“We will make clear to Iran that our national commitment to prevention will not waiver depending on who’s in office. It’s permanent. And should it become necessary in the future having exhausted peaceful alternatives to turn to military force, we will have preserved and in some cases enhanced our capacity to act.”

This argument—that the nuclear deal makes a US military strike more effective because inspections will pinpoint Iranian nuclear facilities for US military planners—was made by the Obama administration to win over a section of wavering Democrats in the House and Senate, culminating in Thursday’s vote by 42 senators to block a resolution of disapproval.

Clinton declared, in an apparent breach with the hopes expressed by some Obama administration spokesmen, that the nuclear deal “isn’t the start of some larger diplomatic opening” with Iran, or a reduction in political tensions in the Middle East.

Instead, she outlined a five-point program for confronting Iran across the region:

  • Providing the most advanced US weaponry and intelligence to Israel
  • Reaffirming the Persian Gulf and the Strait of Hormuz as a “vital interest,” including security commitments to the autocratic Gulf monarchies
  • Countering Iranian-backed forces in Lebanon, Gaza, Yemen and Syria, with economic sanctions on any country helping Iran ship arms to them
  • Stepped up support for pro-imperialist forces within Iran itself, claiming that US support for the 2009 Green movement was “too restrained”
  • A “comprehensive regional strategy” centered on military pressure on the Assad regime in Syria

In the course of her remarks, and a question-and-answer session that followed,

Clinton alluded to several instances in which she had policy disagreements with Obama or others in high-level posts in the administration—in most cases, although Clinton did not say this, placing her on the opposite site of the dispute from Vice President Joe Biden, a potential rival for the Democratic presidential nomination.

On each issue she touched on, Clinton adopted a more hard-line position than the Obama White House. These included arms shipments to Syrian rebel groups fighting the government of Bashar al-Assad, US relations with Israeli Prime Minister Benjamin Netanyahu, the size of the US military force in the Persian Gulf, and the approach to the Russian government of Vladimir Putin.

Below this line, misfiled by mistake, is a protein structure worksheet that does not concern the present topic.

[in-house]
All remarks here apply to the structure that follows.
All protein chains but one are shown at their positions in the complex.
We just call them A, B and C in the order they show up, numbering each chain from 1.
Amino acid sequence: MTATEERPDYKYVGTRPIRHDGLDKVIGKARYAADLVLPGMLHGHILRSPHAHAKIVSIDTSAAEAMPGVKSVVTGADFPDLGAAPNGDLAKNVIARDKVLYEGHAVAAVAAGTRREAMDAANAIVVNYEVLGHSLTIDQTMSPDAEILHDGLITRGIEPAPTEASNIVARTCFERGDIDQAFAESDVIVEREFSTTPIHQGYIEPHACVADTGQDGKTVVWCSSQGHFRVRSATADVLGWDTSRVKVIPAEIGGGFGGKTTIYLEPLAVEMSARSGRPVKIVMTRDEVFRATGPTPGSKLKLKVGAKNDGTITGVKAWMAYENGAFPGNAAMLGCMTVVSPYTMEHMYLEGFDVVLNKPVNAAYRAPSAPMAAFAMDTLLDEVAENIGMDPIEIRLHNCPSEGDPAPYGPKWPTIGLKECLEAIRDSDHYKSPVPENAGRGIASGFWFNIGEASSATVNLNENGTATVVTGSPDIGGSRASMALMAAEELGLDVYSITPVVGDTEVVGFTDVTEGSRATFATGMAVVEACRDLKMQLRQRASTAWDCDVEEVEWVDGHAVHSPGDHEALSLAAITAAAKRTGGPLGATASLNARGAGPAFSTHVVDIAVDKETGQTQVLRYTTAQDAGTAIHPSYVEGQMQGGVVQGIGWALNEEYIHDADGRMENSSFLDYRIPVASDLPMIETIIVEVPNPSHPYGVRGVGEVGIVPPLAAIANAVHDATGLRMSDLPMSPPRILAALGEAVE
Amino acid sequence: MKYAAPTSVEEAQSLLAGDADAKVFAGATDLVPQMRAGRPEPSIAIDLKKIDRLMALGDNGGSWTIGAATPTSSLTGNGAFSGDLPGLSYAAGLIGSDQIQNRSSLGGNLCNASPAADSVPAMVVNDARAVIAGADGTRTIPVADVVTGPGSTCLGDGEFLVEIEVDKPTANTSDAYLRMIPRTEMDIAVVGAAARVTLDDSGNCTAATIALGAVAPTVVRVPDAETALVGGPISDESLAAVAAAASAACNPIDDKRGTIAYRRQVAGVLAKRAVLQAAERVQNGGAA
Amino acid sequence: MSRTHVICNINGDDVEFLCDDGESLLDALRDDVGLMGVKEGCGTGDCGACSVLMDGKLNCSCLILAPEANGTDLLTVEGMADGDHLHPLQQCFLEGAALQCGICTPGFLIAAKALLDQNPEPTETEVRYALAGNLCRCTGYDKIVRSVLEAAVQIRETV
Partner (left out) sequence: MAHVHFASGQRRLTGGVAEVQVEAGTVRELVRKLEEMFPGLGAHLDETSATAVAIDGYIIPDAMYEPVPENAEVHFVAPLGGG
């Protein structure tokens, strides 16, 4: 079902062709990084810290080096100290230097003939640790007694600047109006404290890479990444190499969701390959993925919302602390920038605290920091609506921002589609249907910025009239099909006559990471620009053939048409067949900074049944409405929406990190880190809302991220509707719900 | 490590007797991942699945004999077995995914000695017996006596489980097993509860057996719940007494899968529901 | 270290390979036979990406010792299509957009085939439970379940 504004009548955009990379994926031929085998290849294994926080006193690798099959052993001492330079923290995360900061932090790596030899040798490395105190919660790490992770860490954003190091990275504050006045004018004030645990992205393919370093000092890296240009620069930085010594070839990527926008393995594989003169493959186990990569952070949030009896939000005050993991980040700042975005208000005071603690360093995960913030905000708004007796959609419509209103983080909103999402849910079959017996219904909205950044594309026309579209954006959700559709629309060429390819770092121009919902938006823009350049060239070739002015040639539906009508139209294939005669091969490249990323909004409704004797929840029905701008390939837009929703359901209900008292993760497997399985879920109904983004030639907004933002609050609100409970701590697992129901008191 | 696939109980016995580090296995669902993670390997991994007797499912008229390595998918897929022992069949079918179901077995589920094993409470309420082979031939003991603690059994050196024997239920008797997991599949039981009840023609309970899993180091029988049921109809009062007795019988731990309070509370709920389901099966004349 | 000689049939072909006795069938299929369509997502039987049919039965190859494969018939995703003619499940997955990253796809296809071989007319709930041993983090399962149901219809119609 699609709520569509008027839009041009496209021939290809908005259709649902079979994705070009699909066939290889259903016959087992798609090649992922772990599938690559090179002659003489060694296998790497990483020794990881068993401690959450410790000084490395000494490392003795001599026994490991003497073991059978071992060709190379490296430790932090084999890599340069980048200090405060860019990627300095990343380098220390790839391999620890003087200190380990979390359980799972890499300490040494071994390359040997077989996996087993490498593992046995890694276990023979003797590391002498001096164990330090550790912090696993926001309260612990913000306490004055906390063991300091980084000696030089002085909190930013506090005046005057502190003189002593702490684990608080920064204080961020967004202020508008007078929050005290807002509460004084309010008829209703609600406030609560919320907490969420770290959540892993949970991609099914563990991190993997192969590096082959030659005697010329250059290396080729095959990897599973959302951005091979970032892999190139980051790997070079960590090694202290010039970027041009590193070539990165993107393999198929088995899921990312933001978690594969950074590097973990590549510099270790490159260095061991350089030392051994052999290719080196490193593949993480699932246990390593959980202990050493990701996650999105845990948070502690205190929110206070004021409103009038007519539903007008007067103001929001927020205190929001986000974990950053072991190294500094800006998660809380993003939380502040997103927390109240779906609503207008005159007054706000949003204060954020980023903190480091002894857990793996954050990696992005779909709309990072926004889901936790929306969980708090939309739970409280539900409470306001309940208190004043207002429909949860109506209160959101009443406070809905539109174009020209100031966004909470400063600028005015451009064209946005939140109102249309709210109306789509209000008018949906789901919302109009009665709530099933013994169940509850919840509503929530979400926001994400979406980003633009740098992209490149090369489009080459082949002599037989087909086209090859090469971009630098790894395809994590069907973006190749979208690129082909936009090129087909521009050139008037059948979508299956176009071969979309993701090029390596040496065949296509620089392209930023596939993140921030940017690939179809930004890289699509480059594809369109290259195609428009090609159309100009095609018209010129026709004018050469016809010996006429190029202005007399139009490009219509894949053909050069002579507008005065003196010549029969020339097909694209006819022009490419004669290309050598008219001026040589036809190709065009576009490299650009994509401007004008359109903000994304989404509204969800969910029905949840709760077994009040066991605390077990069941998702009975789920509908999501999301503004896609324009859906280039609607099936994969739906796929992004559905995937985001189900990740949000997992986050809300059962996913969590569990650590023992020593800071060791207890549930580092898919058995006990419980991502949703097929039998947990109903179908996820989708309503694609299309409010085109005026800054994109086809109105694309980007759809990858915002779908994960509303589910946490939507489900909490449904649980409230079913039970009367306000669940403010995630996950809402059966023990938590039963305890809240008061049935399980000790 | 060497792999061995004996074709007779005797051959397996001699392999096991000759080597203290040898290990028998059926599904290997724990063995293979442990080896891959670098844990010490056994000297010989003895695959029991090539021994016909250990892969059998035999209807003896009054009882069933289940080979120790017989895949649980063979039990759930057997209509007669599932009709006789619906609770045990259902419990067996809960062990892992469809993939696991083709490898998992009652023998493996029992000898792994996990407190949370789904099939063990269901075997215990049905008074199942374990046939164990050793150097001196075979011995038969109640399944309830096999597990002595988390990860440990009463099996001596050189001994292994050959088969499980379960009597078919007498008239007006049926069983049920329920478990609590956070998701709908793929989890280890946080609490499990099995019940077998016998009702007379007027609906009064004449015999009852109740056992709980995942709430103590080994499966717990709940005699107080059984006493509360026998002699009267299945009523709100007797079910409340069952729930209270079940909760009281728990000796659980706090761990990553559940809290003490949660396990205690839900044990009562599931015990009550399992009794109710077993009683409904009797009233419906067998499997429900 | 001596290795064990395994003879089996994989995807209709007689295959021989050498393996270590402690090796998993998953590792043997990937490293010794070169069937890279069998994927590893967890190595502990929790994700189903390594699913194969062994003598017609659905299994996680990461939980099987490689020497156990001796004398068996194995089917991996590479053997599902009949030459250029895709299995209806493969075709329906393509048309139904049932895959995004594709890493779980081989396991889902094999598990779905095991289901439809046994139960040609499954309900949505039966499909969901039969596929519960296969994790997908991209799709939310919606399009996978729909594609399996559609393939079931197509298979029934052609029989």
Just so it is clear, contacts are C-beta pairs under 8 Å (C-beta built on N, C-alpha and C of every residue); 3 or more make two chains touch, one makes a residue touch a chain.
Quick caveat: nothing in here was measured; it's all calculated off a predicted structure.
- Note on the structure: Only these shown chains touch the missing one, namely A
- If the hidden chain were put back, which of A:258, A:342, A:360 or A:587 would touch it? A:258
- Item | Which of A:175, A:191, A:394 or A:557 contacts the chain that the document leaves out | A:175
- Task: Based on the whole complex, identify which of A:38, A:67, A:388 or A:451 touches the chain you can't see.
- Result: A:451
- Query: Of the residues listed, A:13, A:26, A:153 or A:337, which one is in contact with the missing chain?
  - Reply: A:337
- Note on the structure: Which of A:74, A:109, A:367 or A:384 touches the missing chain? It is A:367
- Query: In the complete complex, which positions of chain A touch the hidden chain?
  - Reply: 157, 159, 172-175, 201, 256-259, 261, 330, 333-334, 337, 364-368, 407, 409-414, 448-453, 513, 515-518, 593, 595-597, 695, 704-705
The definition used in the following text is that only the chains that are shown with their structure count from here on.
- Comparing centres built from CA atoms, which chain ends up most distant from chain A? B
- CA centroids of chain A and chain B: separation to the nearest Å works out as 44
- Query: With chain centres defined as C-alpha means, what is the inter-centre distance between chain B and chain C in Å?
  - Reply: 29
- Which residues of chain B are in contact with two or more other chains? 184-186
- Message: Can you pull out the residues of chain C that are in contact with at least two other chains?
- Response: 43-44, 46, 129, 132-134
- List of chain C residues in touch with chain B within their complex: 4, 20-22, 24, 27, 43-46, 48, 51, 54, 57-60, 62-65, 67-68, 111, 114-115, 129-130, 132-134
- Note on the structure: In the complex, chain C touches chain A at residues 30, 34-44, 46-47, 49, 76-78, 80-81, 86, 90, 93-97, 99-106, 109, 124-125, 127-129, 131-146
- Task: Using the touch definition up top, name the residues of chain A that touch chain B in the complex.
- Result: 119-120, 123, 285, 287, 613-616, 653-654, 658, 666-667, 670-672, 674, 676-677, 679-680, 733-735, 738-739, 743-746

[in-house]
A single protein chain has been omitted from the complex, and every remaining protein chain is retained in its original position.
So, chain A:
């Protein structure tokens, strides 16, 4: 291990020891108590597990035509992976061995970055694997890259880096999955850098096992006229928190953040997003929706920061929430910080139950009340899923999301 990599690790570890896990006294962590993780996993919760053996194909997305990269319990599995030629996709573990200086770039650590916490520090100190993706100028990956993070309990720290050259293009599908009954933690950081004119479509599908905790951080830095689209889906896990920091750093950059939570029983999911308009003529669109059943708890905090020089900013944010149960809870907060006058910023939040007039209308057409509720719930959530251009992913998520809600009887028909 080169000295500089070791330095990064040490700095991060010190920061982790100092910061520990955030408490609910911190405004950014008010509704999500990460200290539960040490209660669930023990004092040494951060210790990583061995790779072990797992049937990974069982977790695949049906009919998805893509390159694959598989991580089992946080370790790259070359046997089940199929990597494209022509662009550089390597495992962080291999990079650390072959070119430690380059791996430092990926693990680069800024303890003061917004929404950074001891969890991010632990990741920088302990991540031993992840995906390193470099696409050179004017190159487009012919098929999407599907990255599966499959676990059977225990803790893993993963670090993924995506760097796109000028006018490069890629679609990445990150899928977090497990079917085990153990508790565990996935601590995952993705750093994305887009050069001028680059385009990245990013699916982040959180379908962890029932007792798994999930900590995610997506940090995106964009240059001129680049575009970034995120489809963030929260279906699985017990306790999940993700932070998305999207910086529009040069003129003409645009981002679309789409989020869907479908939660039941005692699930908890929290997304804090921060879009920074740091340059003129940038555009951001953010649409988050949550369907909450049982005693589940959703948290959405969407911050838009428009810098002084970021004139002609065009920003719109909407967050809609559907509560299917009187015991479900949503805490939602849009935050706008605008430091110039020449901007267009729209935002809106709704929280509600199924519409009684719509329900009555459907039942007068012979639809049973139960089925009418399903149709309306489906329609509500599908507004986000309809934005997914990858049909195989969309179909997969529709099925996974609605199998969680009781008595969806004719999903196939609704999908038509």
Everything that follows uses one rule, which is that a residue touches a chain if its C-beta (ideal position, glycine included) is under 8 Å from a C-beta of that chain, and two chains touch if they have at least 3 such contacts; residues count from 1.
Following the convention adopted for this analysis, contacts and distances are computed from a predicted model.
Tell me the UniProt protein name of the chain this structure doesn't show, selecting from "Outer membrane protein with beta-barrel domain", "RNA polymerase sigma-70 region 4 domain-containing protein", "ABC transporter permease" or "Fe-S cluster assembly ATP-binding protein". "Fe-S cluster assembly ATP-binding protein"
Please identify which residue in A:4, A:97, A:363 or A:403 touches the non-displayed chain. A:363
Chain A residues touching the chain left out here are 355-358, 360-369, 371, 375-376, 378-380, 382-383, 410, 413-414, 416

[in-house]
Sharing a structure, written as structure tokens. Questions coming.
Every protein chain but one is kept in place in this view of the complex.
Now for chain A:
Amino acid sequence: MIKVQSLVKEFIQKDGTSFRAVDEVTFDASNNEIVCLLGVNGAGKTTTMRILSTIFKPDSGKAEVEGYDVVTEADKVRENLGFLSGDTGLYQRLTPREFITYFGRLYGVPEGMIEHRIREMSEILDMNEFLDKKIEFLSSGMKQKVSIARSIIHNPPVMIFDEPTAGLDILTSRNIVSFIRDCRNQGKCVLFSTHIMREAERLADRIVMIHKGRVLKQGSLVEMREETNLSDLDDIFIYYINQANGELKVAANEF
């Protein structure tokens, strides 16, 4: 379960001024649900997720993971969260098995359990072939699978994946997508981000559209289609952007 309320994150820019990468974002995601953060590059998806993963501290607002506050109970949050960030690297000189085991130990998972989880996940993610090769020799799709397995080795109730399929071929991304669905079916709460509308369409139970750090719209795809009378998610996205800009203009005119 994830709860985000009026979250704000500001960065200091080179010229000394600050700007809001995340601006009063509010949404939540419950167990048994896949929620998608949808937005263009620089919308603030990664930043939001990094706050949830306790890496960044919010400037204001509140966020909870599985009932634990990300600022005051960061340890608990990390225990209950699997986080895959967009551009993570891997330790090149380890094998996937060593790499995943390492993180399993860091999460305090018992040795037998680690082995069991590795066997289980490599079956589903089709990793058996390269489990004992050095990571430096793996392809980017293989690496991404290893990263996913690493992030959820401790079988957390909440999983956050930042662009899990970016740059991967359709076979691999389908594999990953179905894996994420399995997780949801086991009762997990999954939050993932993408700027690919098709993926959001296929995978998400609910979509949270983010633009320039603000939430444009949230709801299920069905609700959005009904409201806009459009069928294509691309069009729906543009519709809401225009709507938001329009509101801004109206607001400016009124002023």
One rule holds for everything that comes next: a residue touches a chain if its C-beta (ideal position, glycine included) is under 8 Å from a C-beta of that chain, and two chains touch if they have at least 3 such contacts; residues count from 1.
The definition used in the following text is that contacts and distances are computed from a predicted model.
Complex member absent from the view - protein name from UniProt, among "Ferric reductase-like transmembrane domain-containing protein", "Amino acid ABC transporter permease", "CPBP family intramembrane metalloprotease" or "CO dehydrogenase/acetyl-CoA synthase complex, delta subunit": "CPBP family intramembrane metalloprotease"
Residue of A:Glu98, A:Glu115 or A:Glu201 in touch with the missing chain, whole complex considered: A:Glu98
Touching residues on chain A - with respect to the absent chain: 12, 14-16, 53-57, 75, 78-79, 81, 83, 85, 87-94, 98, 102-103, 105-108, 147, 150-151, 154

“I am in the category of people who wanted us to do more in response to the annexation of Crimea and the continuing destabilization of Ukraine,” she said, referring to the crisis that erupted a year after her departure from the position of secretary of state.

Clinton firmly backed the Obama administration’s “pivot to Asia,” the shifting of military forces and political/diplomatic attention to confronting China along a wide swathe from the Indian Ocean to the Korean peninsula.

As this review suggests, the Democratic frontrunner envisions a Clinton administration that would continue and even escalate the militaristic policies of Obama, including drone warfare, military engagement in Iraq and Syria, and confrontation with Russia and China. In this she is speaking not merely for herself, but for the American political establishment as a whole.

Whichever representative of the financial aristocracy enters the White House in January 2017, the next president will be committed to intensifying the drive by American imperialism to use military aggression, violence and subversion to offset its longterm economic decline.